Energy Recovery Ventilation

erv image fro zenith r page

Zenith Remedial is the number 1 choice for ALL ERV Installations in Australia.

What is an HRV or ERV?

HRV or heat recovery ventilation or ERV, energy recovery ventilators are methods used to reduce traditional heating and cooling demands of buildings, both commercial and residential. An HRV system will exchange the indoor air that is stale with fresh air from outside. It also captures the heat from the air that it removes and transfers it to the air entering, preheating it before it comes into your home.

In a similar way, an ERV can also treat and precondition air from outside, pushing it through your home. In essence, what you’re doing is exchanging the air from inside to outside, but having it set and conditioned in a specific way that you want it done.

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Subfloor Ventilation

Ventilation is an important element of an energy-efficient home. Air sealing techniques can reduce air leakage to the point that contaminants with known health effects such as formaldehyde, volatile organic compounds and radon are sealed into the house. Ventilation also helps control moisture, which can lead to mould growth and structural damage. In a tight home, mechanical ventilation is necessary to achieve effective ventilation.

There are three basic ventilation strategies—natural ventilation, spot ventilation, and whole-house ventilation


Natural ventilation is the uncontrolled air movement in and out of the cracks and small holes in a home. In the past, this air leakage usually diluted air pollutants enough to maintain adequate indoor air quality. These days, we are sealing those cracks and holes to make our homes more energy-efficient, and after a home is properly air sealed, ventilation is necessary to maintain a healthy and comfortable indoor environment. Opening windows and doors also provides natural ventilation, but many people keep their homes closed up because they use central heating and cooling systems year-round.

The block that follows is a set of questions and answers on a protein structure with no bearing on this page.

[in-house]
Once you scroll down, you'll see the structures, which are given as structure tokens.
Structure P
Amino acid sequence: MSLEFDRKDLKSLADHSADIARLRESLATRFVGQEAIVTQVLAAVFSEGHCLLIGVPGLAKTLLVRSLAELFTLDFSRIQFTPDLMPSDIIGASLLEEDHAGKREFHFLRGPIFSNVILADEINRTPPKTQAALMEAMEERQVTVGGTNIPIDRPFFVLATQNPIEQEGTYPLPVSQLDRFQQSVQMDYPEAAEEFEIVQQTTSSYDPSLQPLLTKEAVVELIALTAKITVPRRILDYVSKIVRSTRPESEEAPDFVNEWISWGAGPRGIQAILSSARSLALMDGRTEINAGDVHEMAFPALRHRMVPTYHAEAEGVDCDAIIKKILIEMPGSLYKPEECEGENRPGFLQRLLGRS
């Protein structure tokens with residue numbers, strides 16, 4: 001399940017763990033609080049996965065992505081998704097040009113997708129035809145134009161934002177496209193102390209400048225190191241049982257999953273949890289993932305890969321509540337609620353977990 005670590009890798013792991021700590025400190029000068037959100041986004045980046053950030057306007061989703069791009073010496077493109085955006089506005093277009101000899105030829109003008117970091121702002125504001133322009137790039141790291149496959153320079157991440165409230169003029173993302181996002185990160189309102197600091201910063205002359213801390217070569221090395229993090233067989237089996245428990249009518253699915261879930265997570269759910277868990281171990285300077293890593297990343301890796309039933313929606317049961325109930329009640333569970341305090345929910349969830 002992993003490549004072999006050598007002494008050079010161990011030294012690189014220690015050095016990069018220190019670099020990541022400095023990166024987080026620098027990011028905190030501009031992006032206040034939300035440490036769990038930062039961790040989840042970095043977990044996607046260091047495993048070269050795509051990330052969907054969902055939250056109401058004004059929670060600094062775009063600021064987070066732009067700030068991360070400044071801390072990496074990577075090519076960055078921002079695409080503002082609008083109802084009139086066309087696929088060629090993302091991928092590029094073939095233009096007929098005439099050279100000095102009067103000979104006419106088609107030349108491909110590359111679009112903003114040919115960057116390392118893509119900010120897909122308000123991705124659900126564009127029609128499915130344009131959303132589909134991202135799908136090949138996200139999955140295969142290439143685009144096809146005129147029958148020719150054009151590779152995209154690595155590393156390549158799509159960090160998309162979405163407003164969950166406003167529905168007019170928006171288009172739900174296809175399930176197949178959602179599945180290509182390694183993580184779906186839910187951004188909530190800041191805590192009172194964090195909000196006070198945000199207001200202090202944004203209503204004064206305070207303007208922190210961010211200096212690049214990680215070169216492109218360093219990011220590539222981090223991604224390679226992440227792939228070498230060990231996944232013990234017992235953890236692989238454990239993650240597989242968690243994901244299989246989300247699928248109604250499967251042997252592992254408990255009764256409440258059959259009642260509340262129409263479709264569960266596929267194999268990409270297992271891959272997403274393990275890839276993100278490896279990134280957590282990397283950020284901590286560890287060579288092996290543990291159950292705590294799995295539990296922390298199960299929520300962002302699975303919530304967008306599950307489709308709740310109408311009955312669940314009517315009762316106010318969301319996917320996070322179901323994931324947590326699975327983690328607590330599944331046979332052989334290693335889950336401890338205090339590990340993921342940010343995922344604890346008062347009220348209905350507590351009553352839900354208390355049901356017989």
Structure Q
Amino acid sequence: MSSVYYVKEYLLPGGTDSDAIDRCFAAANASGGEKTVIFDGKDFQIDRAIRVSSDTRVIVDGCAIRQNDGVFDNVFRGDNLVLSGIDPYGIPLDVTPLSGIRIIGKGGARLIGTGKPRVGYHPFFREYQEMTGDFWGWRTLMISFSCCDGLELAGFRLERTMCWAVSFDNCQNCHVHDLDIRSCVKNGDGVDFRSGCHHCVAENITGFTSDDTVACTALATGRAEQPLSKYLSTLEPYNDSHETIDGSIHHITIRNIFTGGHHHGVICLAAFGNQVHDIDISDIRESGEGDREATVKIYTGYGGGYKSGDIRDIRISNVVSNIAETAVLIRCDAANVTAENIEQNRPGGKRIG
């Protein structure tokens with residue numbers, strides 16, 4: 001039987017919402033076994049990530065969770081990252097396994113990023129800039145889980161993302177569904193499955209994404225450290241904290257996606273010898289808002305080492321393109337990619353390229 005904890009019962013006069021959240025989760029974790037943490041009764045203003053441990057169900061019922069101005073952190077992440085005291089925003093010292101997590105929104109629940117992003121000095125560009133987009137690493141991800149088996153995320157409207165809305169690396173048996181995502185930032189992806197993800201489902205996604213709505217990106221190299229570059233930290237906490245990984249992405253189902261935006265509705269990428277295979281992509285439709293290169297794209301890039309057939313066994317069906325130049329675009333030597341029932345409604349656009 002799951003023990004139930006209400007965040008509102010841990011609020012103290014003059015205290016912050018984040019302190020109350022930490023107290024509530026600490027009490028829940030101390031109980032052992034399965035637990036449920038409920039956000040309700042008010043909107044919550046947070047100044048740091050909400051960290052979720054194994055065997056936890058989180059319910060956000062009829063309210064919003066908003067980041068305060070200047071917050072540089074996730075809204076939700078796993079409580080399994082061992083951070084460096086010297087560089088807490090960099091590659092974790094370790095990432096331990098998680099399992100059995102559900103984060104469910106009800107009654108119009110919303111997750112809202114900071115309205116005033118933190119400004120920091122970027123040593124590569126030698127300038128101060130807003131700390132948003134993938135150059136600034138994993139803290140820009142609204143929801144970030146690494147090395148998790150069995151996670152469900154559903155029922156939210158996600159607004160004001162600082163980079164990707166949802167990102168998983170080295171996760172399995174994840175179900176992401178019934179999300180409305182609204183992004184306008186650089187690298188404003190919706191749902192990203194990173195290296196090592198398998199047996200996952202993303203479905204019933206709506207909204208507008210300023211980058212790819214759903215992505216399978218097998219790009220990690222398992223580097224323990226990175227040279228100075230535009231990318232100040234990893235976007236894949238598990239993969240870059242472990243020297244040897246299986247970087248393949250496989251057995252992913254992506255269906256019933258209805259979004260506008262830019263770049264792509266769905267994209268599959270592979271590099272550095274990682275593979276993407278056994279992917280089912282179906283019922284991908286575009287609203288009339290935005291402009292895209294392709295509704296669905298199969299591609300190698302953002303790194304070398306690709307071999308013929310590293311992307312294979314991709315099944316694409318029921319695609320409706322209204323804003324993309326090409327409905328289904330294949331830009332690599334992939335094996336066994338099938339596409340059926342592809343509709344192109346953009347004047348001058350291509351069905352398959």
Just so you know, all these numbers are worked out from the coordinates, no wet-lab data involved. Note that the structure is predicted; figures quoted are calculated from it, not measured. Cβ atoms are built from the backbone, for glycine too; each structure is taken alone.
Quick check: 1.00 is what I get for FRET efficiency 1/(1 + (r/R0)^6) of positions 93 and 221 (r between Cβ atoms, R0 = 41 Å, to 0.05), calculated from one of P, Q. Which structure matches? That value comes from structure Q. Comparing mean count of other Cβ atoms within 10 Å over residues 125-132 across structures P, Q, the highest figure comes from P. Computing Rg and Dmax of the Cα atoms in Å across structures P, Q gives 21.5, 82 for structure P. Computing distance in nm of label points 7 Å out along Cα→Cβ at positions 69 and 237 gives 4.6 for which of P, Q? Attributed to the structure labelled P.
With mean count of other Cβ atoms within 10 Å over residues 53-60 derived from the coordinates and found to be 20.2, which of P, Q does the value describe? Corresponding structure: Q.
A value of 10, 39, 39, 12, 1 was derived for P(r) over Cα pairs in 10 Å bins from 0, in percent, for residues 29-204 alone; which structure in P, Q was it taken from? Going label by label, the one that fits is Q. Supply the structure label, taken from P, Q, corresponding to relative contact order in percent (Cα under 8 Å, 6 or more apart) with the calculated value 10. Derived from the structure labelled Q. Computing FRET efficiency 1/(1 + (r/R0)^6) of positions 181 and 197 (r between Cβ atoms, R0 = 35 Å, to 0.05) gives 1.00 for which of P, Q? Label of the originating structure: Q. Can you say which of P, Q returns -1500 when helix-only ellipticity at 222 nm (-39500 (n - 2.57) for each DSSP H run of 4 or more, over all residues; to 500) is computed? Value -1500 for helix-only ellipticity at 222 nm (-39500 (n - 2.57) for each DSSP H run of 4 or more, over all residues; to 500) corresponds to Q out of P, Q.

Natural ventilation is unpredictable and uncontrollable—you can’t rely on it to ventilate a house uniformly. Natural ventilation depends on a home’s airtightness, outdoor temperatures, wind and other factors. During mild weather some homes may lack sufficient natural ventilation for pollutant removal. During windy or extreme weather a home that hasn’t been air sealed properly will be drafty, uncomfortable and expensive to heat and cool.


Spot ventilation can improve the effectiveness of natural and whole-house ventilation by removing indoor air pollution and/or moisture at its source. Spot ventilation includes the use of localised exhaust fans, such as those used above kitchen ranges and in bathrooms.


The decision to use whole-house ventilation is typically motivated by concerns that natural ventilation won’t provide adequate air quality, even with source control by spot ventilation. Whole-house ventilation systems provide controlled, uniform ventilation throughout a house. These systems use one or more fans and duct systems to exhaust stale air and/or supply fresh air to the house.

There are four types of systems:

Exhaust ventilation systems Work by depressurising the building and are relatively simple and inexpensive to install.
Supply ventilation systems Work by pressurising the building, and are also relatively simple and inexpensive to install.